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How to Make the Most of College Visits

How to Make the Most of College Visits


When you and your college-bound high school student visit a college campus, make the best use of your time.


By FamilyTime

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Because a physical reaction to a school can be the deciding factor when your son or daughter makes up his or her mind about where to go, college visits can be important.

Here are some surefire ways to get the most of the short time you are there.

What to Do on Campus
When you step on a campus, consider the physical plant. How large is the school? Are the buildings and grounds maintained? Are there inviting areas where students congregate?

Attend the information session offered by the admission office. This may sound like a bore, but if you listen carefully and ask good questions, you will learn a lot about the college or university.

Go on the tour. These are carefully planned to show the best side of the school, and are designed to give you glimpses of the library, cafeteria, classroom buildings, and dormitories.

Tour guides are trained to answer commonly asked questions, so take full advantage of their time.

Both students and parents should keep a list of impressions and answers to specific questions. Students should be encouraged to ask questions -- although parents should not be shy about speaking up.

Find out how large average classes are and if professors or graduate students teach them. Ask to visit a class -- this usually can be arranged. If the prospective student is interested in a particular major, ask about it.

Ask what percentage of the freshman class returns, and what percentage graduates in just four years.

If you are planning to take studio art classes or try out for the swim team, ask to see the appropriate facilities.

Find out if the college has fraternities and sororities and how active Greek life is. What are some of the most popular extra-curricular activities?

Ask about security, on and off campus. How do most students get to town? If the college is in a city, ask about local neighborhoods. How many students live off campus? Can residential students have cars?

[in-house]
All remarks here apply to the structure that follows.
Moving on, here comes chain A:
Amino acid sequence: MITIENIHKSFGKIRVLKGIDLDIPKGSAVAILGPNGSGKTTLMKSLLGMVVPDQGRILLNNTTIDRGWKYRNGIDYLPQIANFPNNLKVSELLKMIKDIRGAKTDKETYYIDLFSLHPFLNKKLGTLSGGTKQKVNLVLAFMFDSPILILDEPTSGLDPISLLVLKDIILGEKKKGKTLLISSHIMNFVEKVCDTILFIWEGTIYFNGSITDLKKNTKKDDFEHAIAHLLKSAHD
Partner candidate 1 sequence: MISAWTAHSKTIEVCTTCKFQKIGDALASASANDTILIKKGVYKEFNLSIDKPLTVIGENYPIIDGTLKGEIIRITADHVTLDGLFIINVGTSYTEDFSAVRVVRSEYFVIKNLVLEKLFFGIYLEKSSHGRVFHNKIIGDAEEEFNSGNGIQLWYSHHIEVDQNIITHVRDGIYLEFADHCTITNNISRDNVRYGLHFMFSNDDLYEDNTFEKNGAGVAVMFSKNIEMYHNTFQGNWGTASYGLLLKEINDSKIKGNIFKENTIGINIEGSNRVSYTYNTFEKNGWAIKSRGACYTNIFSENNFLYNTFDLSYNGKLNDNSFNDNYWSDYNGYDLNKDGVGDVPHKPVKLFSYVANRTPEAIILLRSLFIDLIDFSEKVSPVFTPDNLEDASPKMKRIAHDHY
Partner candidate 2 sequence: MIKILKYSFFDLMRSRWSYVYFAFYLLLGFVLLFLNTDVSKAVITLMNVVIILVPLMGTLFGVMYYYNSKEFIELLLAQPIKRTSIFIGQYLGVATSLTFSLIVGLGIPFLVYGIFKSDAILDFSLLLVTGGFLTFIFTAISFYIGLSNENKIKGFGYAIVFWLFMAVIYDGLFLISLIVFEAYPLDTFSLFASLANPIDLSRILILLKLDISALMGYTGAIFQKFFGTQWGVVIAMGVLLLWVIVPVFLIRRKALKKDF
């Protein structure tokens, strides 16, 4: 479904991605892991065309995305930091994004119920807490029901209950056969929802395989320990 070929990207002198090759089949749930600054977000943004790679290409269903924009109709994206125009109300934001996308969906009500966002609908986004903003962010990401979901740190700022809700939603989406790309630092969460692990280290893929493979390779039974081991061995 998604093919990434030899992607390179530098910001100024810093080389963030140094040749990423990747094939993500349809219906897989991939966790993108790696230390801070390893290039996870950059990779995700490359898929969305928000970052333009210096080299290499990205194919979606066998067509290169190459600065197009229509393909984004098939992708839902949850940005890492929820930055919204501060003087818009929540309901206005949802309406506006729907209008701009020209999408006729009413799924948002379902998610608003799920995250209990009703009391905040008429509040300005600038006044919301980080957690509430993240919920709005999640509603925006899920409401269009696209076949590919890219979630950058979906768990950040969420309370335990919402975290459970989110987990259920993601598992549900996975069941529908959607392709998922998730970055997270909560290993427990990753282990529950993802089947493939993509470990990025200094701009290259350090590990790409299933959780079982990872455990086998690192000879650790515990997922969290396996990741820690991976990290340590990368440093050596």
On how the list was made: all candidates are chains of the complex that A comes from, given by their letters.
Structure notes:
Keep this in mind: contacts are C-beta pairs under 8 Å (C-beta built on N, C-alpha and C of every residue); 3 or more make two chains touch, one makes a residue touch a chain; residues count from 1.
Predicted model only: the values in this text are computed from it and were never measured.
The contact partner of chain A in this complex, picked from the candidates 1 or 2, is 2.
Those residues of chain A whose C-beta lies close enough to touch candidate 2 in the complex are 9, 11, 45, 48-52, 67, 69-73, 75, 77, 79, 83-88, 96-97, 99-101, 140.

As you are whisked from one end of the campus to the other, scan bulletin boards in public places and dorm hallways to see what sort of activities are taking place. Pick up a copy of the college newspaper to read later.

Be a careful observer. It will tell you a lot about campus life.

Try an Overnight
Most colleges offer prospective students the chance to spend the night. Parents should encourage these visits and students should take advantage of them.

Suggest to your child when he spends the night that he should visualize how he will feel being part of this campus. What can he tell from a night in a dorm? Is it quiet? Do most kids seem to be studying? What's the conversation like in the cafeteria?

Urge your child to talk to as many other students as she can. Ask them what they like and, equally importantly, what they don't like about the college. Try to get beyond complaining about the food!

Your child should find out what happens on weekends. Do most kids stay around? What are the parties like? He could ask his host how often he has gone home since school began.

When your son or daughter is on campus for the night, he or she should ask other students how much time they devote to studying, how much sleep they average. 

This is also a chance to investigate important aspects of college life: are the bathrooms co-ed? Is smoking allowed? Are there substance-free floors? Dorms?

Your child may be surprised to discover he loves a college he never thought he would -- and that the school he was sure was "it" is not too interesting.

Your son or daughter should use the college visit as an important -- but not the only -- criterion for making his or her final choice. Remember, he or she will be living there for four years.

 



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